BUTTERFLIES ARE A SIGN OF A GOOD THING
Project info

Brussels, Athens, Paris, Accra 2013 - 2018

“Sometimes I imagine
Asking my boyfriend:
Can you believe
Your girlfriend is one of them?”

A long-term artistic research on sex work and the position of the women in society seeking for a visual language that reveals personal and therefore subjective views on sex work, because it is based on the close relationships with the sex workers themselves.

It was grant-aided by the VG Bildkunst, Stiftung Kulturwerk (2017) and the Rudolf Augstein Stiftung (2018). Moreover, it is part of my research at the Royal Academy of Fine Arts Antwerp.

Throughout my practical and theoretical based art, I work across mediums, with a focus on photography. I explore forms of the female body, ideas of beauty, desires, taboos and sexuality. Subsequently, I analyze the interdependencies of women on social norms. I am interested in how society shapes norms that influence the representation and perception of women and how the female body can be used as a tool of power.

Sex workers are sensitive observers of our society, especially about what we do not dare to see. Thus, I consider this work a reflection on society as a whole. Sex is at first place about pleasure, desire and lust, addiction and ecstasy. At the same time, it is about power, about hierarchies, about interrelationships of men and women. It appears that the female body becomes a political weapon. How we live and talk about sex says much about our taboos and fantasies and finally how society is created by a world that exists by judging the unknown instead of listening to each other.

I am grateful for every single conversation and the time I could spend with the women who became part of this work. I cannot express in words how much they taught me about life, about our society and finally about myself. I did not believe how much we have in common. I found my soulmates in these women who are not only crucial for the existence of this body of work, but close friends that I don ‘t want to miss anymore.

With this work I share some personal insights that truly are my own observations and therefor fully subjective on this topic. It is a collection of images and notes from women I admire and who I met in Brussels, Athens, Paris and Accra.

“I told him to draw a butterfly on my leg.
Similar like a tattoo.
So it’s a butterfly, that I have on my leg.
Because, I normally like butterflies.
Because, my grandmother always told me,
that a butterfly is a sign of a good thing.
So anytime you see butterflies around
you will always know that
it is a sign of a good thing coming on your way.
So I like butterflies.”

BACKGROUND

Sex workers are one of the most disadvantaged groups of people in the world. Many face stigmatization, often on a daily basis. This can lead them to hide their profession, even in front of relatives and friends.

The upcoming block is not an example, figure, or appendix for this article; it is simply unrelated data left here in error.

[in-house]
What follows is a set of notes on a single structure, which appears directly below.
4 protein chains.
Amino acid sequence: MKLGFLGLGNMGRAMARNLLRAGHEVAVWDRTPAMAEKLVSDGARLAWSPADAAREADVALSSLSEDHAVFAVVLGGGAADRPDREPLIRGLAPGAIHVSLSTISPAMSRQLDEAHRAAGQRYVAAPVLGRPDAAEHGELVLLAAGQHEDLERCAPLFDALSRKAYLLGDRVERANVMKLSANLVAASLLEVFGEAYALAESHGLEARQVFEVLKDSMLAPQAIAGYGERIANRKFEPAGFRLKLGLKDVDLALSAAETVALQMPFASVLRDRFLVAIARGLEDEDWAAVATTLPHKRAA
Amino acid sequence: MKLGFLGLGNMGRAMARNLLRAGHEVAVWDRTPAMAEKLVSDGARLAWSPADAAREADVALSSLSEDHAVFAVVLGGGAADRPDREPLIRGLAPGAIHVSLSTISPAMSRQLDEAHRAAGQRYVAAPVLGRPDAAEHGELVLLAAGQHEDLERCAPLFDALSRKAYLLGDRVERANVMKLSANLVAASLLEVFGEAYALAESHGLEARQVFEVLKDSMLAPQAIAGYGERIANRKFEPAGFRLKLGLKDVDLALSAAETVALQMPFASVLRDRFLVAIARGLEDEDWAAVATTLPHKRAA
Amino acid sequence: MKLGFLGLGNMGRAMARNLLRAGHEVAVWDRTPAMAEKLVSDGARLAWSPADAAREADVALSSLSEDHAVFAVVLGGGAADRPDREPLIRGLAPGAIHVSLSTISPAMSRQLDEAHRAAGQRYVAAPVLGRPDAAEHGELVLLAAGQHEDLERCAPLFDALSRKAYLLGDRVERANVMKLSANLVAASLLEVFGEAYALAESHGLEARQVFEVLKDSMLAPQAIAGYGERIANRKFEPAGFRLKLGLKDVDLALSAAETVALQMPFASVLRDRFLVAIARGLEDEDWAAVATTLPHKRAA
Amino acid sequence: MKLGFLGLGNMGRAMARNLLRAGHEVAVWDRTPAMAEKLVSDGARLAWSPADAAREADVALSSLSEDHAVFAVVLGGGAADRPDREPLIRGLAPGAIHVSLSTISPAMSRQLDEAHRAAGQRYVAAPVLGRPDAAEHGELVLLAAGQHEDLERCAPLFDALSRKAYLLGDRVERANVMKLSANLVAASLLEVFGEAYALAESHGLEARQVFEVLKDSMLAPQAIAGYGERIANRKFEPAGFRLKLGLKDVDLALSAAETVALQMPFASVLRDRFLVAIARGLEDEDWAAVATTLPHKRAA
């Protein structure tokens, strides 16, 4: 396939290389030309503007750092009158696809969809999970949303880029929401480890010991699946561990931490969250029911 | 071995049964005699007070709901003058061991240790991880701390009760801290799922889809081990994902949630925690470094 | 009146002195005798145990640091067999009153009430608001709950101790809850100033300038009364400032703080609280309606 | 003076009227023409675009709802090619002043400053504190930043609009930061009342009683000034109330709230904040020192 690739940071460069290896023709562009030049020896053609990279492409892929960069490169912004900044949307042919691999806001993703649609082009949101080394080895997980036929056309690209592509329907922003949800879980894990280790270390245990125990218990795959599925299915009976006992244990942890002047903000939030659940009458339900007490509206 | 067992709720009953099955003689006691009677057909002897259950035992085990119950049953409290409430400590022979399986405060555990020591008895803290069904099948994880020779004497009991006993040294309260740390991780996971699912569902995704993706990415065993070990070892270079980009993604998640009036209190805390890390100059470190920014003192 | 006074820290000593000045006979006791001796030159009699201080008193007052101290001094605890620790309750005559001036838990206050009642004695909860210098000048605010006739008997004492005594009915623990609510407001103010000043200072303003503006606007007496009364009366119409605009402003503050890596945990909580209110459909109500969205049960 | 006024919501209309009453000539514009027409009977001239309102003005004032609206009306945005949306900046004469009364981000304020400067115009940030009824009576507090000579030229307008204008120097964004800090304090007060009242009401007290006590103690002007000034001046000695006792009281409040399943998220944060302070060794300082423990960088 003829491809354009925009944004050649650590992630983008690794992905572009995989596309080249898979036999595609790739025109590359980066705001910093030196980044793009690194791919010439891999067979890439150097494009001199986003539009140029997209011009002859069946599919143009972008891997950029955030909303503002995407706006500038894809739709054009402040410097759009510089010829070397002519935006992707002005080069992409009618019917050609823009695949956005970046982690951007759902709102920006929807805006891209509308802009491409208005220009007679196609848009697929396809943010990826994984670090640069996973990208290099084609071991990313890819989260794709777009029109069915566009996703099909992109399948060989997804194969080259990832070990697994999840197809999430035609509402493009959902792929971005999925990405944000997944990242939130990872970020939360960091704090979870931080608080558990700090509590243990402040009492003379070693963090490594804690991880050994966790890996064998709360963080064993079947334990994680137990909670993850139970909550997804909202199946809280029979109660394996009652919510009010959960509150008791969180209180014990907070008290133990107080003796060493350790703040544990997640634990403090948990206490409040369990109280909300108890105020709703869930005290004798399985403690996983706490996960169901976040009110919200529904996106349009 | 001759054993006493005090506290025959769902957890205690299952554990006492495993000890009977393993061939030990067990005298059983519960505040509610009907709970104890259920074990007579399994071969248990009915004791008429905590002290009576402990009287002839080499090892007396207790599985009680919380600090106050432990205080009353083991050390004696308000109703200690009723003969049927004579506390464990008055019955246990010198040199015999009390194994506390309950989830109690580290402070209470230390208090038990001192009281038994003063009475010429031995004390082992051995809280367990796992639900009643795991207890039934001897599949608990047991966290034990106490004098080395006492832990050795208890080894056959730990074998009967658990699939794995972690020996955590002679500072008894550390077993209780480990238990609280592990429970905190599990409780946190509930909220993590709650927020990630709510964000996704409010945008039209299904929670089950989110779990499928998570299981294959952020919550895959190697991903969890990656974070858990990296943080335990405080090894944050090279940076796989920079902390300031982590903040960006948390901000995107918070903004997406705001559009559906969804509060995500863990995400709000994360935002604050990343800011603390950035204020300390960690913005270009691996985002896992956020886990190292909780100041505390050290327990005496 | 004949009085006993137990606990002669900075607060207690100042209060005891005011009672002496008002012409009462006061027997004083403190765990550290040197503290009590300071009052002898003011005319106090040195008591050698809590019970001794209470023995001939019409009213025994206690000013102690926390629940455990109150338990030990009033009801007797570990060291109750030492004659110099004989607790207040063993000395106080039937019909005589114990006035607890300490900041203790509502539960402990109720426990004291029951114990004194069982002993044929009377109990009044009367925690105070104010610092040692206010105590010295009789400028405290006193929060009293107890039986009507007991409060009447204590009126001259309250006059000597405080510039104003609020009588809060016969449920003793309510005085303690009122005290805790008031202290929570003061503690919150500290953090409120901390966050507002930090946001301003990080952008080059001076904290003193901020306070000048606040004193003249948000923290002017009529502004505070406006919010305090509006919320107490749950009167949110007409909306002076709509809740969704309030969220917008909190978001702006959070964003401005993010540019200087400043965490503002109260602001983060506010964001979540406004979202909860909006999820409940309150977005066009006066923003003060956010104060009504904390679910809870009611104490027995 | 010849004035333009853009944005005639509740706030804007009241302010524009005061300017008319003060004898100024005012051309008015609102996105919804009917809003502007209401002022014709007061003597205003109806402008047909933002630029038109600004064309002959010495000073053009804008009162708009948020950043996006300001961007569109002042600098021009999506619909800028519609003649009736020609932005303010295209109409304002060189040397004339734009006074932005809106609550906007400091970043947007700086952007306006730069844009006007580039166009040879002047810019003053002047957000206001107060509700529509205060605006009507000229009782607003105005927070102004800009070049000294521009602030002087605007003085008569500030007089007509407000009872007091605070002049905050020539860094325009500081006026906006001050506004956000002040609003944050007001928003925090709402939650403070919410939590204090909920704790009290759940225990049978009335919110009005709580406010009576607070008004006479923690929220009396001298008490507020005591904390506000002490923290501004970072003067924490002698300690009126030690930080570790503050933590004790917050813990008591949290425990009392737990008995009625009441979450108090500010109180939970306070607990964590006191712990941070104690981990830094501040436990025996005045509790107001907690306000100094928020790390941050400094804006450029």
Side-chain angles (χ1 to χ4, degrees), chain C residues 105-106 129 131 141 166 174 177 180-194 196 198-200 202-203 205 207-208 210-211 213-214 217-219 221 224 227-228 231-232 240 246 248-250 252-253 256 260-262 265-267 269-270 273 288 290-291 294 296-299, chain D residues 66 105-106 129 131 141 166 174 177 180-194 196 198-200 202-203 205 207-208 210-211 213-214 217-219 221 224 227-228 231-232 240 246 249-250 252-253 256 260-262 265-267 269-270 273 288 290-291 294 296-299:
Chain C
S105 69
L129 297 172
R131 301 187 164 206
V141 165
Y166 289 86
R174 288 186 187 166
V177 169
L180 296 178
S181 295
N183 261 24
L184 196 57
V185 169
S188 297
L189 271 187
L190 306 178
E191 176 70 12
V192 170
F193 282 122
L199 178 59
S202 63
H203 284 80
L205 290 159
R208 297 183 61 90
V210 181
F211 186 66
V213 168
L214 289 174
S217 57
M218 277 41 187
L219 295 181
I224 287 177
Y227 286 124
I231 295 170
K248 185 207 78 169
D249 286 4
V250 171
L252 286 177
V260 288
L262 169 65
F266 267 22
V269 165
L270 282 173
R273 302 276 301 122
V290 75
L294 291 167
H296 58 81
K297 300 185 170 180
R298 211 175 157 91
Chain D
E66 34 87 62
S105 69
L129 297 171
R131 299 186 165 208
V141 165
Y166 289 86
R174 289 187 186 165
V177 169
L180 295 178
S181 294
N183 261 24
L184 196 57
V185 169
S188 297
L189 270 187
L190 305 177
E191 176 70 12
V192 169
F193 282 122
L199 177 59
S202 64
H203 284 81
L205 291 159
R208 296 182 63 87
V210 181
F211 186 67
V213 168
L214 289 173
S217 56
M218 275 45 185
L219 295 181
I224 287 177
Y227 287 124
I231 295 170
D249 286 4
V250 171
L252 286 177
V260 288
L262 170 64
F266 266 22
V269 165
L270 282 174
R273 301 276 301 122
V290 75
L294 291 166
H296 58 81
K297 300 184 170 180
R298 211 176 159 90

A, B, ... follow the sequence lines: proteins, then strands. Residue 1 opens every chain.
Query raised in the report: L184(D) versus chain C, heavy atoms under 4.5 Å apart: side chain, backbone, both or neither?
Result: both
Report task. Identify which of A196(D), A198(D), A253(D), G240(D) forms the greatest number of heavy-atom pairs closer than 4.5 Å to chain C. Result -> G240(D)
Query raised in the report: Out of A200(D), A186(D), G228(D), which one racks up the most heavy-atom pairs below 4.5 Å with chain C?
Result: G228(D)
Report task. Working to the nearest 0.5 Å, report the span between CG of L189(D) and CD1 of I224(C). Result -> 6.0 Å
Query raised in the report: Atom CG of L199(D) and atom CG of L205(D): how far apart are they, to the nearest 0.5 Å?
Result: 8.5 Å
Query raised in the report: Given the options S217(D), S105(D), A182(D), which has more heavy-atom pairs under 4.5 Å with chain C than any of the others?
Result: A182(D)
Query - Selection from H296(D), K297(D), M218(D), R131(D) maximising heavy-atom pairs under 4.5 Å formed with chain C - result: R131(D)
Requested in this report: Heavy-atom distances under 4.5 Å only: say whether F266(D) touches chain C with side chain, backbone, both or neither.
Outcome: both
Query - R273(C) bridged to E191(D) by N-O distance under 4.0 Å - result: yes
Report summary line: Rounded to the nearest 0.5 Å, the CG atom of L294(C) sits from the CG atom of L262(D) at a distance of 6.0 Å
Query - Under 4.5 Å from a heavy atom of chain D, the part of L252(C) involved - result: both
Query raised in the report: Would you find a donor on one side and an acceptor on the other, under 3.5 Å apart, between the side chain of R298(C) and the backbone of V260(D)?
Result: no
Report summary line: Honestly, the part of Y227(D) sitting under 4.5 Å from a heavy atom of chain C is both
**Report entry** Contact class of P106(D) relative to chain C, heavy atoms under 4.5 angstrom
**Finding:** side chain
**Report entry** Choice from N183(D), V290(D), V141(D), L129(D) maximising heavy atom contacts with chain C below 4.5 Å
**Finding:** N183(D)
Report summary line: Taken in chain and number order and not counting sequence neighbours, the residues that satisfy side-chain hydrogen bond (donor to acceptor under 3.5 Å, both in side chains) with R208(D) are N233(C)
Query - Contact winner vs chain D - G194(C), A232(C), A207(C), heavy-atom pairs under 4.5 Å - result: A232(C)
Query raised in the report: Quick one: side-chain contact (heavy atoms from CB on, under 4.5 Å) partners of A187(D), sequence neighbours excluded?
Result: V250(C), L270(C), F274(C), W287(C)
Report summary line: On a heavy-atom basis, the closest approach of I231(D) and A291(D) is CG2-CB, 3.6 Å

Since 2013, I am involved in international artistic research on sex work, that is informed by the close long-term collaboration with my protagonists. This research has been based in Brussels, Athens and Paris. Through my experiences in exploring this field in Western Europe, I have met West-African women from places like Nigeria and Ghana. Over time, I became friends with some of them.

It was in 2017 that I finally expanded my research to Accra, Ghana in collaboration with filmmaker and artist Sam Kessie. I continued this project in 2018. Since then, am renting my own studio that I am sharing with my protagonist Elizabeth. Without her and my driver Samuel Amposah Antwi, this project would not have developed its intensity.

Accra not only proved to be enriching in terms of the exchange I had with the women and allowed me to discover the topic from another cultural perspective, but also gave me an opportunity to discuss with locals about social rules and the position of the women in their society.

While sex work is legal in many European countries (e.g. Germany, Belgium, Holland, Greece) or illegal but regulated by the punishment of the clients (Sweden, France), it is illegal but very wide spread in Ghana. Trafficking and street work is present in many areas. Here, in one of the most religious countries of the world and inside a patriarchal system, sex workers are part of a highly stigmatized peer group, they are dealing with prejudices and social exclusion, in addition to coping with the daily hardships of an impoverished existence.

As a result to the illegality, there is almost no social support or shelter for sex workers, what often forces them to stay in highly criminal communities with landlords or “madams” who keep the control about inflated rents that have to be payed daily for a room or cabin that usually doesn’t even provide any sanitary facilities.

Over the span of my research, the awareness of my position as a privileged white person is relevant. As the author of this work, I have considered my ethical responsibilities to my participants. Furthermore, I constantly question if revealing their identities could lead to harmful consequences. In addition, I provide alternative forms on the classic portrait. Symbolism and metaphors that appear in constructed images are my main elements. Audio and text pieces, as well as personal art works created by the sex workers complement this work.

Finally, my research addresses desires and fears and reflects social structures and norms in a constructed surrealistic world of imagery.

I seek to clarify, that although this research is based on a collection of various local observations and examinations, I create a universal statement addressing global issues on how women are perceived in today’s society.

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